The Navy’s ability to positively spin either side of an issue is awe-inspiring to behold.  Really, though, what’s the alternative – to admit that modularity was an abject failure?  That would lead to some rather awkward questions about the continuing construction of modular LCS’s.  Say, now that I mention it, why are we continuing to build modular LCS’s when we’ve abandoned the modular swap concept and are now claiming that multi-mission is superior?  Only the Navy knows the answer to that.  Well, the Navy and ComNavOps.  The answer is that the Navy’s goal is not to build ships that are operationally and tactically useful.  No, the Navy’s goal is simply to get as many hulls in the water as possible in order to preserve their slice of the budget pie.  The fact that we’re continuing to build a ship whose operational premise has been abandoned and discredited does not matter to the Navy.  The only thing that matters is that the budget monies continue to flow.

You know, we should look at saving some money by seeing whether the LCS manufacturers would be willing to scrap the vessels as soon as they’re built.  That would be way more efficient and cost effective than having to wait 15 years or so and then find a company to scrap them.  It’s not like the LCS’s will do anything worthwhile while we wait.  But, I digress …

The Navy now officially recognizes what the rest of us have known all along – modularity in combat platforms is a bad idea.  Modularity is dead.


(1)USNI, “Navy’s Future Frigate Will Be Optimized For Lethality, Survivability; Will Not Retain LCS’s Speed”, Megan Eckstein, October 15, 2015,


54 comments:

  1. This comment has been removed by the author.

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    1. Did you read the post?

      "The Navy now officially recognizes what the rest of us have known all along – modularity in COMBAT platforms is a bad idea. Modularity is dead."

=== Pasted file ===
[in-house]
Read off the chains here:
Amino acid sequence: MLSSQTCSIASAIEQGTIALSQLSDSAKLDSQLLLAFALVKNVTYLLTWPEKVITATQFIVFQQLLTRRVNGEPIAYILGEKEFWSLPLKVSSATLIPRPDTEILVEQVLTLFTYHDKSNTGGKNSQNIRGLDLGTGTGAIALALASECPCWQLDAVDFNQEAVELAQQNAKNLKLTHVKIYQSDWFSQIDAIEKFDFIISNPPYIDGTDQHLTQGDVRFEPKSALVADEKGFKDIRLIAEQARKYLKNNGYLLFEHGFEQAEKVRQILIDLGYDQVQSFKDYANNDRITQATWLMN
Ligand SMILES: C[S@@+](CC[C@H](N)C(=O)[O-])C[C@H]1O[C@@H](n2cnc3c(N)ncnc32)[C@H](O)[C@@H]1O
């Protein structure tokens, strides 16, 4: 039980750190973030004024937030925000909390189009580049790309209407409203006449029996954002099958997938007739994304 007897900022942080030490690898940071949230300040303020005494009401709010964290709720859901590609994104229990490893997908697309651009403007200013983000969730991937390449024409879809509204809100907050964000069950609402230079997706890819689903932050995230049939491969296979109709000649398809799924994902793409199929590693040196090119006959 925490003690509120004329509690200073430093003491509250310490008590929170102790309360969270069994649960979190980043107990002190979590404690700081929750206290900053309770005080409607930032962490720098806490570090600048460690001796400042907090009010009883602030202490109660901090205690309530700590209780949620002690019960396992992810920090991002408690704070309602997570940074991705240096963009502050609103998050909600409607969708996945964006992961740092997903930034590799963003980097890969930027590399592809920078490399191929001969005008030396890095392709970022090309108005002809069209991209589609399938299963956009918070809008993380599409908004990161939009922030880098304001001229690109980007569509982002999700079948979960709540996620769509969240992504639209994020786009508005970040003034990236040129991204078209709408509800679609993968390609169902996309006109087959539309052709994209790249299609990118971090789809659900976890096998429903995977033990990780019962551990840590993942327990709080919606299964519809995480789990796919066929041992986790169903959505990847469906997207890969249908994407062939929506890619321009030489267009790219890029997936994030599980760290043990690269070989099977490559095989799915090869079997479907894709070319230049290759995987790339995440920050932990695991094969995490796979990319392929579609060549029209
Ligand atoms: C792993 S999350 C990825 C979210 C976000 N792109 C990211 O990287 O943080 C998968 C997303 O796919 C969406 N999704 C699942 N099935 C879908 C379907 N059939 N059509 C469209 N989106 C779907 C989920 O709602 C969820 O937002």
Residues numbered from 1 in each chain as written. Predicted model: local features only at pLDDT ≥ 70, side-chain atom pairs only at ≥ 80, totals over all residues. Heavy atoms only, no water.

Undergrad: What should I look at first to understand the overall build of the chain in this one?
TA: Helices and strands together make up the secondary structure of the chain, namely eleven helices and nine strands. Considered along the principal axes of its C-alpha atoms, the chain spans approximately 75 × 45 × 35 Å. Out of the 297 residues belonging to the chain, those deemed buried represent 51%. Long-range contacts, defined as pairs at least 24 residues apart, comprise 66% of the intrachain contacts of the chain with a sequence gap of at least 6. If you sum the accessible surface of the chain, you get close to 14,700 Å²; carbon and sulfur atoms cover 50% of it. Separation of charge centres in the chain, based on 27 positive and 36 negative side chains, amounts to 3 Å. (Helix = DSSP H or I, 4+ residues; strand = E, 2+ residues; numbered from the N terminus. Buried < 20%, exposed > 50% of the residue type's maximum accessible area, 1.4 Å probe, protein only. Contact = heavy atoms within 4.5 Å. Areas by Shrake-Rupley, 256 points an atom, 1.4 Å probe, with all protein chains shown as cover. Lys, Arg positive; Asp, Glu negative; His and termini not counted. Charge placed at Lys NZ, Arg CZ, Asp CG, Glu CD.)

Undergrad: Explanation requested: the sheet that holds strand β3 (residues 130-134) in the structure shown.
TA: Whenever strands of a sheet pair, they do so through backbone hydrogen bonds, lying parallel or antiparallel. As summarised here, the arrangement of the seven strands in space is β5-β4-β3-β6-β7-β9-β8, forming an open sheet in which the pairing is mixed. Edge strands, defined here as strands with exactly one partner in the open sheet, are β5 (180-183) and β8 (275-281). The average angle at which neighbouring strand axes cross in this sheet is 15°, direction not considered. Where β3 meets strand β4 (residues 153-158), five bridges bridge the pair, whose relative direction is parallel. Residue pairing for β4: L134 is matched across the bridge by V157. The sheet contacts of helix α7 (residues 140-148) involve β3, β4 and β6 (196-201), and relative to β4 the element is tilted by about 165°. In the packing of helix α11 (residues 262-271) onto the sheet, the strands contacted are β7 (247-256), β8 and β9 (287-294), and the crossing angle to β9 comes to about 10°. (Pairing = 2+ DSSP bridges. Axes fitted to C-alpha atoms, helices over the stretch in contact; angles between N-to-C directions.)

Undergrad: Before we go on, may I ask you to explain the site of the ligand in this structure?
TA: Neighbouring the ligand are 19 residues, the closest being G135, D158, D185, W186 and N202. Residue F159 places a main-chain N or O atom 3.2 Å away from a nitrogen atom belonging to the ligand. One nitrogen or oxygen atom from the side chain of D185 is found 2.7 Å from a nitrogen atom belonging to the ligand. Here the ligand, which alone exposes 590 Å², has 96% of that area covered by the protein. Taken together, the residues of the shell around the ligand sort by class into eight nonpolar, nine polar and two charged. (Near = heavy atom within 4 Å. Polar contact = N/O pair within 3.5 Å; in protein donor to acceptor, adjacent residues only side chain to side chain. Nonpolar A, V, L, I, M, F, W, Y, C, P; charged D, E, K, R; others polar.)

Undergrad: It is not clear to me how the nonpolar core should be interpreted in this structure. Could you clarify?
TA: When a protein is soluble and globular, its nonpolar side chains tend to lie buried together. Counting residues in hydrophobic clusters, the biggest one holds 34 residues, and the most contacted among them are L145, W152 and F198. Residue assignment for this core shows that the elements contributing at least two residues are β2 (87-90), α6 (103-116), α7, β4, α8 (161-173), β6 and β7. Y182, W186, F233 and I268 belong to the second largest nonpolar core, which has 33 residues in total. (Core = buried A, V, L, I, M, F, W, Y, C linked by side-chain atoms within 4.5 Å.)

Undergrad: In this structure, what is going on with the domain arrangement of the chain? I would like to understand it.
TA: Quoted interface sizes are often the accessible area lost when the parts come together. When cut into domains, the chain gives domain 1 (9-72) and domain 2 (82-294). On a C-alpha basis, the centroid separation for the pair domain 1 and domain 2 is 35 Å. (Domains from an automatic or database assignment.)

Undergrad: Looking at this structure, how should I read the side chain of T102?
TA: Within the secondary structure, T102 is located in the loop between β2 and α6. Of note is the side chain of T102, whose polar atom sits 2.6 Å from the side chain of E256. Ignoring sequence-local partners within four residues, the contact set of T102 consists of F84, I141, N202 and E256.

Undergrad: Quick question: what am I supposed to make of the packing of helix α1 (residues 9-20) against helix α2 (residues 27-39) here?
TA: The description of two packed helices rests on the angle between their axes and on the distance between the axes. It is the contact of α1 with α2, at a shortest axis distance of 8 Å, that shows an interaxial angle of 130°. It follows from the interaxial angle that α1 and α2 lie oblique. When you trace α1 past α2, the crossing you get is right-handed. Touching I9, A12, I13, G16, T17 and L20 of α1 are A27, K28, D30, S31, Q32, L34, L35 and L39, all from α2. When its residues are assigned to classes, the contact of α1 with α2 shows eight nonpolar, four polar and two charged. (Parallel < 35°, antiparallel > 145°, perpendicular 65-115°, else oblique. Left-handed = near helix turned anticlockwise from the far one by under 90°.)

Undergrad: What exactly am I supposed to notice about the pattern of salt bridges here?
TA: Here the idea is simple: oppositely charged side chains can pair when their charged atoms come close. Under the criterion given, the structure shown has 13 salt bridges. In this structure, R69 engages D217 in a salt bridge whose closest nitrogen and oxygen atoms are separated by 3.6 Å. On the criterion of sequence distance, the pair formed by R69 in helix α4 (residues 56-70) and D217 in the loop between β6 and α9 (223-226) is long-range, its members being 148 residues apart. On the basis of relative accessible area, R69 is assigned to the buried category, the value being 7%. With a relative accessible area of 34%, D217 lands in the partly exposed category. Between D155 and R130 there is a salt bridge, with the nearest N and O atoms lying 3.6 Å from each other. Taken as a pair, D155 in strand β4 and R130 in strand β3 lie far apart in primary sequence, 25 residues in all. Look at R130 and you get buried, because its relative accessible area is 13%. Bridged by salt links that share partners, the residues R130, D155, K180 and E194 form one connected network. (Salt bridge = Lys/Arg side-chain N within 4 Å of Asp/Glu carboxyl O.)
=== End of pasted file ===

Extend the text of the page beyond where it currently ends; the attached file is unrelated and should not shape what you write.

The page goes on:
"COMBAT"

      Modularity in support functions or non-critical tasks is fine.

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    3. The problem is the concept itself is quite flawed.

      If you want hyper-specialized modules, then you must:

      1. Be able to change these modules very quickly or you will be in port for weeks/months during critical times

      2. Have your sailors and maintenance crews be very competent at every possible module (lots of training there)

      3. All modules must be very reliable. These sorts of things tend to fail when you need them the most.

      Otherwise the Module concept simply cannot work.

      Finally, the cost of these "modular designs" needs to be evaluated vs building more hulls that are cheaper.

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    5. 1. If you have the time to customize your force, pre-deployment then you have time to assemble the ships you want from half way around the world. Plus, if you have any notice of impending hostilities you will undoubtedly already have determined what types of ships you'll need.

      2. It's not enough to just be able to operate the module equipment. Someone needs to understand the tactical application. Who is going to "run" the ship in ASW mode? The Captain? A module specialist? Is it likely that a single Captain can master ASW, MCM, and ASuW? All are full time jobs, individually. No Captain, especially on a chronically undermanned ship, can be a master of the tactical application of all three modes.